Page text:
29 S.E. 848 (1898)
The litigant had lived with the intestate.
The litigant had alleged that the intestate, while he was last sick and confined to his bed, gave her all the furniture and other property in his dwelling-house as a gift causa mortis.
The intestate's nurse was present at the time the intestate asked the litigant to get his private keys.
The intestate handed the keys to the litigant and told her to take and keep them, and that he desired her to have them as well as everything in the house.
Inside a bureau that was locked in the intestate's room was the life insurance policy.
- The court ordered a new trial, ruling that:
- (1) where the insurance policy was capable of actual manual delivery, the court was of the opinion that the title of the insurance policy did not pass to the litigant, but remained the property of the intestate;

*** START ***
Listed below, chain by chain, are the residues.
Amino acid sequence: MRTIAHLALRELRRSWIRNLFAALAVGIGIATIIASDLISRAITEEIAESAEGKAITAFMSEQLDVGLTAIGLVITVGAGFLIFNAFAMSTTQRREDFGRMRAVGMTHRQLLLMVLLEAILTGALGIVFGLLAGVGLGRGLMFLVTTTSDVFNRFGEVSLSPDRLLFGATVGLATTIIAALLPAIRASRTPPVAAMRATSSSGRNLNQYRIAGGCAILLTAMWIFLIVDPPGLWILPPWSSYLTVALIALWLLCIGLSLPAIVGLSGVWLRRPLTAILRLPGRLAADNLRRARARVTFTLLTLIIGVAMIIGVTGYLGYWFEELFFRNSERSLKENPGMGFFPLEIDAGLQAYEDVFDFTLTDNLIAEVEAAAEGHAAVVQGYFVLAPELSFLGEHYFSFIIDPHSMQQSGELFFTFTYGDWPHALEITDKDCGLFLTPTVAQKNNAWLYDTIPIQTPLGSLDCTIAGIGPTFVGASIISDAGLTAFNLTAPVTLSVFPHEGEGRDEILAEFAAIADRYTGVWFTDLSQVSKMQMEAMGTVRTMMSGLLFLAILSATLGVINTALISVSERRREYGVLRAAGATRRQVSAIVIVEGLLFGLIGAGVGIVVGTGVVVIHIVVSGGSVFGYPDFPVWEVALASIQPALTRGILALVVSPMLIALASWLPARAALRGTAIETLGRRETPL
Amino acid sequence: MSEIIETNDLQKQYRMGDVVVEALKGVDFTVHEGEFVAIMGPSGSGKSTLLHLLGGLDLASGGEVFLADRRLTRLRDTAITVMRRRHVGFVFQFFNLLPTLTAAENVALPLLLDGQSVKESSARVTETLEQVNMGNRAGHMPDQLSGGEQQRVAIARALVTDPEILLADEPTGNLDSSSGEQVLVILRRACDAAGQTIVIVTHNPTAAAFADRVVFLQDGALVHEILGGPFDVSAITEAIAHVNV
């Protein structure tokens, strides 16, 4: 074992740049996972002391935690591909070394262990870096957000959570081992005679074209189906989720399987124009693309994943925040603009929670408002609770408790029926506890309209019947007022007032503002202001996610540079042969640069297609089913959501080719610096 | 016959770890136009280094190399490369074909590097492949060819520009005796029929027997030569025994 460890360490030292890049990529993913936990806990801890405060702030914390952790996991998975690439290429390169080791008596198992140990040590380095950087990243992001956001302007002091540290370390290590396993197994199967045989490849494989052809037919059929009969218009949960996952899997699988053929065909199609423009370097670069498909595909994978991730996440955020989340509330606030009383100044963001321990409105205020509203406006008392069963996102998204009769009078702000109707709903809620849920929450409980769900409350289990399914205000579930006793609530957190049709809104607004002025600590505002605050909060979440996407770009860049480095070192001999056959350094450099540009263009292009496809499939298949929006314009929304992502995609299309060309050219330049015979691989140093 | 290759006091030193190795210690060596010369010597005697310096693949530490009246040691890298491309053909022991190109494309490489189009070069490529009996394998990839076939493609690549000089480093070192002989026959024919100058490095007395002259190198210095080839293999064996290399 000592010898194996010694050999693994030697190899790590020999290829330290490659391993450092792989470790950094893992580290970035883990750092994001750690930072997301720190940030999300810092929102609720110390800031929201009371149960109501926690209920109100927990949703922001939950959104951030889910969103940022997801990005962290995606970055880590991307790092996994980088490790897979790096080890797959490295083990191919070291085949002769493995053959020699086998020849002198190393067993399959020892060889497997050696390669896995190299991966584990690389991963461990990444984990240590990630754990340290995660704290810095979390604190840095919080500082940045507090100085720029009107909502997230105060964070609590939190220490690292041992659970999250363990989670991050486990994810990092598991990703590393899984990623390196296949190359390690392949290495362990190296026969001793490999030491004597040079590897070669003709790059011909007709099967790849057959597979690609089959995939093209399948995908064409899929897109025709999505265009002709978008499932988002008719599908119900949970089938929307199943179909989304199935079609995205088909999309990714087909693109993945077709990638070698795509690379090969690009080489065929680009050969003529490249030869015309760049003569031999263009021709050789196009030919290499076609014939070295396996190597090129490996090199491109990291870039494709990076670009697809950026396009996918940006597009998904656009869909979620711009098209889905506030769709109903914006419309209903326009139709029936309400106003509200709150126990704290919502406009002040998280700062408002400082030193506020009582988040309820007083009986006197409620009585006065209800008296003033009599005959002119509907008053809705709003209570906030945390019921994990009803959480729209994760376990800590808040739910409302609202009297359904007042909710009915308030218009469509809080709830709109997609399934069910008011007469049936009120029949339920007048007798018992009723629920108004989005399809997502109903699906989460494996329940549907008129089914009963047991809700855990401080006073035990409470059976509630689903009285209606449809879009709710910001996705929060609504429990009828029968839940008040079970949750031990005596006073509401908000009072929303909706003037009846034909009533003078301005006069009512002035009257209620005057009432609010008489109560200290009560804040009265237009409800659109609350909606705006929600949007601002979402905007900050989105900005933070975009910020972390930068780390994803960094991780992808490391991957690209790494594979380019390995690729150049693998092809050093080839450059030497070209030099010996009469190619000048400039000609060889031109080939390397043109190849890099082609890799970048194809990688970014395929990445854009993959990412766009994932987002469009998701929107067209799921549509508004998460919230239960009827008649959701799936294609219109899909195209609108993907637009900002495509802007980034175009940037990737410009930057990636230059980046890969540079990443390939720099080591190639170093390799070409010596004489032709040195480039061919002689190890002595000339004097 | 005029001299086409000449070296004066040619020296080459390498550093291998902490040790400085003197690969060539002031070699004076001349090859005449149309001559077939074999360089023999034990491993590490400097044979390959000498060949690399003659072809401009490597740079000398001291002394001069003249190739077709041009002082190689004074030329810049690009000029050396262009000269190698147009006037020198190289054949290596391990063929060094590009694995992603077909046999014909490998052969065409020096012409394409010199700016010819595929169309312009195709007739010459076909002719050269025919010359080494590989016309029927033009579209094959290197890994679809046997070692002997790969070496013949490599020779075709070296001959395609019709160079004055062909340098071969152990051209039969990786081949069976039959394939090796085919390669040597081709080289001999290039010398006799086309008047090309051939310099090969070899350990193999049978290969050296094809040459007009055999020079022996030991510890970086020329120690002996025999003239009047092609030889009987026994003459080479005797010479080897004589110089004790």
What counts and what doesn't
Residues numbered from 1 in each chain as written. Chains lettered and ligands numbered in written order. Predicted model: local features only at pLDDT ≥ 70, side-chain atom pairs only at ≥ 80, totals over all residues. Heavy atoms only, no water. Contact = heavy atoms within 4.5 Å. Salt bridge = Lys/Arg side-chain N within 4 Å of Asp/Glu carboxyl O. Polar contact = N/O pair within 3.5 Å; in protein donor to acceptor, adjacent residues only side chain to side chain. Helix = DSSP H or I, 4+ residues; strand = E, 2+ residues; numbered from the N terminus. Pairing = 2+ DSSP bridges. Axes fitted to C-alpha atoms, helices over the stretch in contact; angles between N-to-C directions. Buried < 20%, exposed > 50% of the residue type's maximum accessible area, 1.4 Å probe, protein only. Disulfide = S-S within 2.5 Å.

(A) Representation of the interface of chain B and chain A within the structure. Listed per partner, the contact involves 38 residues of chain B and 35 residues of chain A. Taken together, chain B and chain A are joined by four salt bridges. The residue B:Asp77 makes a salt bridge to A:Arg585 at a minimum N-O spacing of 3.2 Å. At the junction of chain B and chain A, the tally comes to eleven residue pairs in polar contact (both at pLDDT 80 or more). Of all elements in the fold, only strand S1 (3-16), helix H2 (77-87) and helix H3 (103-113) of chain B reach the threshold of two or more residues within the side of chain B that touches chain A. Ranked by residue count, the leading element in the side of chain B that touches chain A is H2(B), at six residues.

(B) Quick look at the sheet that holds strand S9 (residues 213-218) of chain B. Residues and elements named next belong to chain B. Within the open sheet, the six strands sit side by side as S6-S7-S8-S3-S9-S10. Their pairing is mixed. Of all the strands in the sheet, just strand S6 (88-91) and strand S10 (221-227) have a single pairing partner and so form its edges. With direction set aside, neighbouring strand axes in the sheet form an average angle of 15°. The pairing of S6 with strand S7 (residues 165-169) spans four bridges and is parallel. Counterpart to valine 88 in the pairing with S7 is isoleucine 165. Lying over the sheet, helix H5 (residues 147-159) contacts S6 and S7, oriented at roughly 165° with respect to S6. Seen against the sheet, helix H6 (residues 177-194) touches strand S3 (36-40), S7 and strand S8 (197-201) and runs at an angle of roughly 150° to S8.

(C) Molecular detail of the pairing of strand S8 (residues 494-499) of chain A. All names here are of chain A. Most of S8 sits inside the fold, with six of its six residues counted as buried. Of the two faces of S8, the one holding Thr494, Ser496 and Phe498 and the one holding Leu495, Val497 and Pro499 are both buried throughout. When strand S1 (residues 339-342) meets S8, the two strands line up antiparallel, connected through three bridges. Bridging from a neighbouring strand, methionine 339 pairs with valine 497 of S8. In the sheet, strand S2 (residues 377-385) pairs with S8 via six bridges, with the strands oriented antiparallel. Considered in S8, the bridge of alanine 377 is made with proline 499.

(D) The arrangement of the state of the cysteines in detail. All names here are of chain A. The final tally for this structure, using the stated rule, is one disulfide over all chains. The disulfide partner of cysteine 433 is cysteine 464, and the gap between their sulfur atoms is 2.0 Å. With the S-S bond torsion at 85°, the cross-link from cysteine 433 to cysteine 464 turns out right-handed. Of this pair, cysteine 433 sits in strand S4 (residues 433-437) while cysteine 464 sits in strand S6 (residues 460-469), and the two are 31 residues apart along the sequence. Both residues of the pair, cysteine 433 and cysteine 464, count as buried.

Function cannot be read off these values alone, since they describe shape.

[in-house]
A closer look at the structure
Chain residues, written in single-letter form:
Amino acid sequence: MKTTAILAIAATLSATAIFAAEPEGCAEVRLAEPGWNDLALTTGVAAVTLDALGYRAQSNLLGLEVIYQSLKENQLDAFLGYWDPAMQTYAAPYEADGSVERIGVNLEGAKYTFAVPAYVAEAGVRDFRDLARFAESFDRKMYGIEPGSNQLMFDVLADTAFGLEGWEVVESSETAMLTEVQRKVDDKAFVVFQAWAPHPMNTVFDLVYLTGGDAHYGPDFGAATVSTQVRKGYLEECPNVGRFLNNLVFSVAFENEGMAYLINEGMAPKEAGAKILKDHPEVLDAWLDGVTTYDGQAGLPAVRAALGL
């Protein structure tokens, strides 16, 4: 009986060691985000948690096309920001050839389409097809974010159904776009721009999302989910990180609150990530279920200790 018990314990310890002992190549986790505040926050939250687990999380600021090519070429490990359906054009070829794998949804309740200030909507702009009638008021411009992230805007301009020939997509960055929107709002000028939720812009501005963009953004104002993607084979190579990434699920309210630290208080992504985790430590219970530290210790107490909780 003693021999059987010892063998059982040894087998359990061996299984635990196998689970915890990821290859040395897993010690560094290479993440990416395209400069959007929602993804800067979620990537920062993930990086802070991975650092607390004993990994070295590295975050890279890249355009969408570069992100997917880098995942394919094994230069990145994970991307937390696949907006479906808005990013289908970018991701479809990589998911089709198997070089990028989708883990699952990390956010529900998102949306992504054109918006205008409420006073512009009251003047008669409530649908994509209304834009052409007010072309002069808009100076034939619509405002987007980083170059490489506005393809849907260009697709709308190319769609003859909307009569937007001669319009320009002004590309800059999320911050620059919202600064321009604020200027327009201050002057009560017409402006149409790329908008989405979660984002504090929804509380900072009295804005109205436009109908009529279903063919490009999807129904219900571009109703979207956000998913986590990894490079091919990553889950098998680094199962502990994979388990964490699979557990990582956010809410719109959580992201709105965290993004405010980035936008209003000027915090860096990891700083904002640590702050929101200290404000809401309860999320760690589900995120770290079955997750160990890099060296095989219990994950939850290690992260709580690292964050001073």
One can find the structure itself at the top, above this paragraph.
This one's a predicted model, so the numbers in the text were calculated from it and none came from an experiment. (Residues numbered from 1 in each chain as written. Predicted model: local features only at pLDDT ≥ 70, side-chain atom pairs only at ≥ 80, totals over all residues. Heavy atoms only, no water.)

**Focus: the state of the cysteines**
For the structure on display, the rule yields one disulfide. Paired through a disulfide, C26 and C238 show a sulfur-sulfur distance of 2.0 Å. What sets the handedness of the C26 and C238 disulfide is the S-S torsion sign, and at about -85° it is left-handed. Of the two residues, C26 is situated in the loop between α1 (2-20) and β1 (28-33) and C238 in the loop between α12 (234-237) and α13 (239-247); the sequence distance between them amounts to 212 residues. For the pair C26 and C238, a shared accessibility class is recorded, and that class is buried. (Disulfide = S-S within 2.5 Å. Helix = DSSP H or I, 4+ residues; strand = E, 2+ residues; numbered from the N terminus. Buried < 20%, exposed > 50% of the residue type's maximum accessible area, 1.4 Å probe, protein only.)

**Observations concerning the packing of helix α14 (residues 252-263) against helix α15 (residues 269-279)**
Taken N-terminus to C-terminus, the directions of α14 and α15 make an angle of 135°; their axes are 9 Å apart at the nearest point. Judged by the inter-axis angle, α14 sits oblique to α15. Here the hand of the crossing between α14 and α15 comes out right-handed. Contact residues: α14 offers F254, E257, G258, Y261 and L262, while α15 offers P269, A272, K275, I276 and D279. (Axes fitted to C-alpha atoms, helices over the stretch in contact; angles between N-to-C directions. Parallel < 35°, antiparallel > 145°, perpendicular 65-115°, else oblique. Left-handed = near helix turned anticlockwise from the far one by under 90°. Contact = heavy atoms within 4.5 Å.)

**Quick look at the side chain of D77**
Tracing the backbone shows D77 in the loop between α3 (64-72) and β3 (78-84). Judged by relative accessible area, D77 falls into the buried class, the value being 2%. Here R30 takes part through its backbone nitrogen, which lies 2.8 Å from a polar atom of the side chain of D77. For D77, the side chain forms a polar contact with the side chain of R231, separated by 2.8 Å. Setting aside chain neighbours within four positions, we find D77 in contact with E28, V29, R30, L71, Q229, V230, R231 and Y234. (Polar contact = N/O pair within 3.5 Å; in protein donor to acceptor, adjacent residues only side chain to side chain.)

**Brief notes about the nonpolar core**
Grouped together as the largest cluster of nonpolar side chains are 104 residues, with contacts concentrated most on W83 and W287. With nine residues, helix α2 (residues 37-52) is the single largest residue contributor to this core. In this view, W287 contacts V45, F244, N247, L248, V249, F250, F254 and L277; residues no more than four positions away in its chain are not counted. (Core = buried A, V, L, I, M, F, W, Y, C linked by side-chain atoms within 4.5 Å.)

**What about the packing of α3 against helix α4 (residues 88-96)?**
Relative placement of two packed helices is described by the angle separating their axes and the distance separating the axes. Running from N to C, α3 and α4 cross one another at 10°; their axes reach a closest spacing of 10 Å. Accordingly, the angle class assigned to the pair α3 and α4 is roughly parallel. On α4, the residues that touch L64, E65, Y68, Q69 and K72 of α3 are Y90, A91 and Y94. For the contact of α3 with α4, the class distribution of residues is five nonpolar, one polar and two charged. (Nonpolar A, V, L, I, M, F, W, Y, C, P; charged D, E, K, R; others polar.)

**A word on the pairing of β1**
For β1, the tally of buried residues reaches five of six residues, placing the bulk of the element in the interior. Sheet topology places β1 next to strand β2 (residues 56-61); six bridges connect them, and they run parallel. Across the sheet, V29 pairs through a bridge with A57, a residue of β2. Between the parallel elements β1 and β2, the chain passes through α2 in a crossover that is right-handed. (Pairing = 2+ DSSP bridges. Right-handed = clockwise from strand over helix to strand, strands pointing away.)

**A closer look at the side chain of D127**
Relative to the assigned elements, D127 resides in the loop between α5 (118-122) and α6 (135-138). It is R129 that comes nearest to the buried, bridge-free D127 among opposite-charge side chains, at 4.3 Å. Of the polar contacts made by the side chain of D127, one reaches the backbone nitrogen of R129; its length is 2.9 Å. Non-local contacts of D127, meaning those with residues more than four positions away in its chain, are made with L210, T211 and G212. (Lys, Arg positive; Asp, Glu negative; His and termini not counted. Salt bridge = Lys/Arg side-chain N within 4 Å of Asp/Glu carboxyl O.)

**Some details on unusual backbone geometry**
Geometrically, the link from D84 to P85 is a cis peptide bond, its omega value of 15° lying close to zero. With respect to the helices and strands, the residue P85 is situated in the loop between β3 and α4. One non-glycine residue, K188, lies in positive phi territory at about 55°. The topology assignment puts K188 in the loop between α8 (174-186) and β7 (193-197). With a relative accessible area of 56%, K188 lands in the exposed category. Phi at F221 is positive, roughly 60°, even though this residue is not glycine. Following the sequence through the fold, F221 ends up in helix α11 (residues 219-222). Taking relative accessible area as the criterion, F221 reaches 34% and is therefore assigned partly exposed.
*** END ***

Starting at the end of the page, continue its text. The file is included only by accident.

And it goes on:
- (2) the bureau as well as any other item of furniture that was locked or unlocked by the keys passed to the litigant. The delivery of the keys constituted constructive delivery where manual delivery impossible;
- (3) the other articles of furniture in the household did not pass to the litigant; and
- (4) upon a new trial the litigant was entitled to show either actual or constructive delivery of the piano that was equivalent to actual manual delivery.
The court was remanded for a new trial.
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